Seven Keys to Better Sourcing and Supplier Management, Part Three: Tighter Specifications

As Chief Procurement Officers (CPOs) know all too well, how and what you communicate during the sourcing process sets the stage for the resulting supplier relationship. And while that relationship may never become a true marriage of equals, there are several things that sourcing and supply management professionals can do to get things started on the right foot. This article series highlights seven important strategies and tactics that procurement organizations can use to drive savings while also maintaining and improving key supplier relationships.

Part Three: Tighter Specifications

One of the many benefits from the ‘early engagement’ in sourcing projects discussed previously is that it gives sourcing teams more time and a better opportunity to shape and rationalize end-user specifications. A better understanding of the business need and use of a specific good or service allows for sourcing professionals or teams to exert greater influence on the bid package, which can result in improved pricing, better quality or service levels, and frequently all of the above.

With enough time, sourcing teams are better able to engage internal stakeholders to clearly define the business need and desired outcome from the sourcing project and help the team discern between “must have” and “nice-to-have” requirements. Additionally, more time allows a sourcing team to better research the category and underlying supply market. For example, a sourcing team may choose to begin the process by sending an RFI (request for information) to the suppliers in the hope of discovering a new trend, delivery approach, or innovation that could significantly change the final bid specifications. Whether guiding internal stakeholders or collaborating with suppliers, getting better specifications does not have to mean dialing back requirements to focus on cheaper or inferior items/services. In fact, by spending more time with internal and external constituents, a sourcing team could discover new information that leads to a more expensive, but also, more valuable supplier contract.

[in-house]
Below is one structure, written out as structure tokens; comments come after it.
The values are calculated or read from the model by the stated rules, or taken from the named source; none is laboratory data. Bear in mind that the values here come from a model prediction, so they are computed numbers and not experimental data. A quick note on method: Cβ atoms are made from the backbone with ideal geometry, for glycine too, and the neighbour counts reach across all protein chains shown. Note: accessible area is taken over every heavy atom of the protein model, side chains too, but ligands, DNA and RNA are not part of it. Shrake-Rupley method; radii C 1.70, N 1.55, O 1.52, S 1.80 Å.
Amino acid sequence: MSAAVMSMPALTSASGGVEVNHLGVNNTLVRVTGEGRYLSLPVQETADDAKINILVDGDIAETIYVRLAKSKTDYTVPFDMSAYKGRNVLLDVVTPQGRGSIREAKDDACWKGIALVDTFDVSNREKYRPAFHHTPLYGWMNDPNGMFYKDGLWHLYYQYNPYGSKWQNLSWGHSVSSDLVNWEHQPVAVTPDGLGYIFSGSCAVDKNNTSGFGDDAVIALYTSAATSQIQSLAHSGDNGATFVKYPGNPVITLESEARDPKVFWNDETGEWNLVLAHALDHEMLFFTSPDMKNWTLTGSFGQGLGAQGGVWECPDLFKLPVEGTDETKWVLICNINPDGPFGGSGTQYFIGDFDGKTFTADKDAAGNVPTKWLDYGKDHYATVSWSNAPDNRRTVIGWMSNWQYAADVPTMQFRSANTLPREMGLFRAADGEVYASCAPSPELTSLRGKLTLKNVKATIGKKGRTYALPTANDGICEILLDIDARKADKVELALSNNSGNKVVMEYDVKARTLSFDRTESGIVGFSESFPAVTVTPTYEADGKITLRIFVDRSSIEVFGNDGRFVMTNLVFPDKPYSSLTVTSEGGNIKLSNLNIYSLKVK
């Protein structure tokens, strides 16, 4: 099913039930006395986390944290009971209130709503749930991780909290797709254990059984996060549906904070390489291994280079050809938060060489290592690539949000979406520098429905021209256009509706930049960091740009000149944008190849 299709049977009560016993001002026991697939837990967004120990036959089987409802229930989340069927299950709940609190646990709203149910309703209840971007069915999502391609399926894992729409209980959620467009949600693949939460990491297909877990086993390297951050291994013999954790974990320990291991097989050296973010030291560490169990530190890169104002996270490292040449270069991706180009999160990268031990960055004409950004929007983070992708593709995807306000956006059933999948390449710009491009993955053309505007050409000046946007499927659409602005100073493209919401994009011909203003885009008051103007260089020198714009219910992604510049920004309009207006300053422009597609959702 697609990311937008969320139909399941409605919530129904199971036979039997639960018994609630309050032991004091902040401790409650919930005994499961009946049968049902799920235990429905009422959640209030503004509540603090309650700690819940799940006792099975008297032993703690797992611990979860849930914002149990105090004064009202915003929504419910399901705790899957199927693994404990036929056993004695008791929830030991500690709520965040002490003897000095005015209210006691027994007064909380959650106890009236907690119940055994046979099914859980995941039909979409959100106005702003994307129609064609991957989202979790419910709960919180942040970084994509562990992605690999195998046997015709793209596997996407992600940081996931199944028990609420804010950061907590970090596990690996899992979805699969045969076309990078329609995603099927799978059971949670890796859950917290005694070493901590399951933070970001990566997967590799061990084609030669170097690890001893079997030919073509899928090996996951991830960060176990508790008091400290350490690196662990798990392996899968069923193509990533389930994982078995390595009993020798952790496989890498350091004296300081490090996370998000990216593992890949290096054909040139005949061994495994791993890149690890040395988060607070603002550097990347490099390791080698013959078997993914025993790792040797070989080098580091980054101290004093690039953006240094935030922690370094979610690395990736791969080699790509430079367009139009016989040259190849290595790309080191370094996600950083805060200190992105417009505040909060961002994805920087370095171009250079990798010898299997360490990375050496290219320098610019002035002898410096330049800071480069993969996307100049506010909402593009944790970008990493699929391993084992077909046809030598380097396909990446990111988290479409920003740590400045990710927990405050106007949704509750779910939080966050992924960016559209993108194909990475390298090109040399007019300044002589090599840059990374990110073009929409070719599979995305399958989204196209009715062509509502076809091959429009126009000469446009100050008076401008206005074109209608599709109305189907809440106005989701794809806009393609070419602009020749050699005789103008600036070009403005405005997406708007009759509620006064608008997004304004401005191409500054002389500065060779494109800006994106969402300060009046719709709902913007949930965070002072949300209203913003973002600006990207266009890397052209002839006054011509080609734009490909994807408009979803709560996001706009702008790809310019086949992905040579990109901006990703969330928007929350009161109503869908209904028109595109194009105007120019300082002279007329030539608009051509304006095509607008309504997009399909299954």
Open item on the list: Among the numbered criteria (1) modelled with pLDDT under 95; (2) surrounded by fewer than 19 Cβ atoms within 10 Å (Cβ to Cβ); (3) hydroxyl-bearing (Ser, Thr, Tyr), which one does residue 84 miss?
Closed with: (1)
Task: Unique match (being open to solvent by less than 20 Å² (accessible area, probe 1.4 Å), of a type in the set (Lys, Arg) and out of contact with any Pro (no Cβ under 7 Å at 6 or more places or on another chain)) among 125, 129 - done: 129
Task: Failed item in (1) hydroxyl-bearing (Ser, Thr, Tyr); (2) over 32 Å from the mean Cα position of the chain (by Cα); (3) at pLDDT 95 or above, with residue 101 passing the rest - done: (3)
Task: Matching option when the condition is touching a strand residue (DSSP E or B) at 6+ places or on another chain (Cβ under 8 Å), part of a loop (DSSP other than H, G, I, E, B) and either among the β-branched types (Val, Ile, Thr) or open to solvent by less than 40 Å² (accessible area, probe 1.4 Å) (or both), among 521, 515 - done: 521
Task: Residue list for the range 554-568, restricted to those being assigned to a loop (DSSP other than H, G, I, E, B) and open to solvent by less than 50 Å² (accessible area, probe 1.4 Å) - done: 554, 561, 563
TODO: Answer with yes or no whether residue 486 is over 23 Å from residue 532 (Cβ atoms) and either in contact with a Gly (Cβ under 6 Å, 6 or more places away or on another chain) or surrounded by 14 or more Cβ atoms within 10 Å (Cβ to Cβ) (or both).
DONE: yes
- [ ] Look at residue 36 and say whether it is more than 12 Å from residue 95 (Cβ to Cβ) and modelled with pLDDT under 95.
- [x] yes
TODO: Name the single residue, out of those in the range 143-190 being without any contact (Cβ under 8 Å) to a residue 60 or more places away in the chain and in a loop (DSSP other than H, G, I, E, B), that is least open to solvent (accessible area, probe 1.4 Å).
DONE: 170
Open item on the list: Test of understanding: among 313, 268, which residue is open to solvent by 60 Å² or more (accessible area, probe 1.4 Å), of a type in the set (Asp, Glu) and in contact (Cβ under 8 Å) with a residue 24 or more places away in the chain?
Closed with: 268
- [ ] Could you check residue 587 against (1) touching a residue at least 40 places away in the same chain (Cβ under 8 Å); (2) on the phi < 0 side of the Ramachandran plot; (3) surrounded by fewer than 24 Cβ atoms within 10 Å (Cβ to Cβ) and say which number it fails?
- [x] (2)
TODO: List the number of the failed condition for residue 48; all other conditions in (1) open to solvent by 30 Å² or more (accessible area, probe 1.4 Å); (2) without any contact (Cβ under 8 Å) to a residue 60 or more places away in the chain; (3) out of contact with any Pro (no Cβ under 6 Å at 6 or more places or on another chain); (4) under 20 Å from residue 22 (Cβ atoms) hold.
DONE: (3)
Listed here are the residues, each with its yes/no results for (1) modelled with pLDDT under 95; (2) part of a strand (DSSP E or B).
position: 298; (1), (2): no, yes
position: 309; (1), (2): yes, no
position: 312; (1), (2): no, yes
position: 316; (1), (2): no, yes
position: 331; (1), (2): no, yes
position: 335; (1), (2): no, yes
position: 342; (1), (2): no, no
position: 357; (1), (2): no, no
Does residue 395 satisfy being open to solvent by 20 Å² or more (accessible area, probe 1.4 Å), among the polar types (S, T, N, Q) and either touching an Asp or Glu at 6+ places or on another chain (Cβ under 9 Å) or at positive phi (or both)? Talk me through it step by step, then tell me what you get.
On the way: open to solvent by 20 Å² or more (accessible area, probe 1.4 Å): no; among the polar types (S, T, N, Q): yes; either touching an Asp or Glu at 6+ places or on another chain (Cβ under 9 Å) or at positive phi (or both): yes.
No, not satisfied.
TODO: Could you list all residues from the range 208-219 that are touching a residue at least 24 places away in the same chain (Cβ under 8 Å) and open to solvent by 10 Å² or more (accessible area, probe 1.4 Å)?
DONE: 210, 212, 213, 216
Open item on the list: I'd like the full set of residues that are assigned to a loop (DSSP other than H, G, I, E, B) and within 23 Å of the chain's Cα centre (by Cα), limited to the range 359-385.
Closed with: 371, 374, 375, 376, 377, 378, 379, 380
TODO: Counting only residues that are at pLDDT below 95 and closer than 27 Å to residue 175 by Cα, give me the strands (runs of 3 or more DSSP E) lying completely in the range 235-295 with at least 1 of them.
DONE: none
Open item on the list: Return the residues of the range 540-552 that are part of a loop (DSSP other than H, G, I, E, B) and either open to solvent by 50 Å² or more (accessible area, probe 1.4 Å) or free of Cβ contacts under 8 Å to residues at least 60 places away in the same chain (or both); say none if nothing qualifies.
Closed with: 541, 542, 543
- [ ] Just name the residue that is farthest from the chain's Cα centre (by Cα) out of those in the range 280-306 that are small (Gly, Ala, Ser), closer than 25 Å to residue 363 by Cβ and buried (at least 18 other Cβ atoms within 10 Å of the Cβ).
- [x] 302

Conclusion

Engaging with and managing suppliers is a key component of any Chief Procurement Officer’s priorities and focus. Doing so as early as possible allows sourcing and procurement teams to be able to best understand what the business need is (and isn’t) and how procurement can go about filling that need as cleanly, efficiently, and as tightly to specification as possible. Doing so can reduce the likelihood that the wrong materials, components, or services are procured, which can drive up the cost and drag out the timeline of the project. In this regard, procurement and its CPO can protect the bottom line and enable the product team to come out on top, on budget, on schedule and on top.

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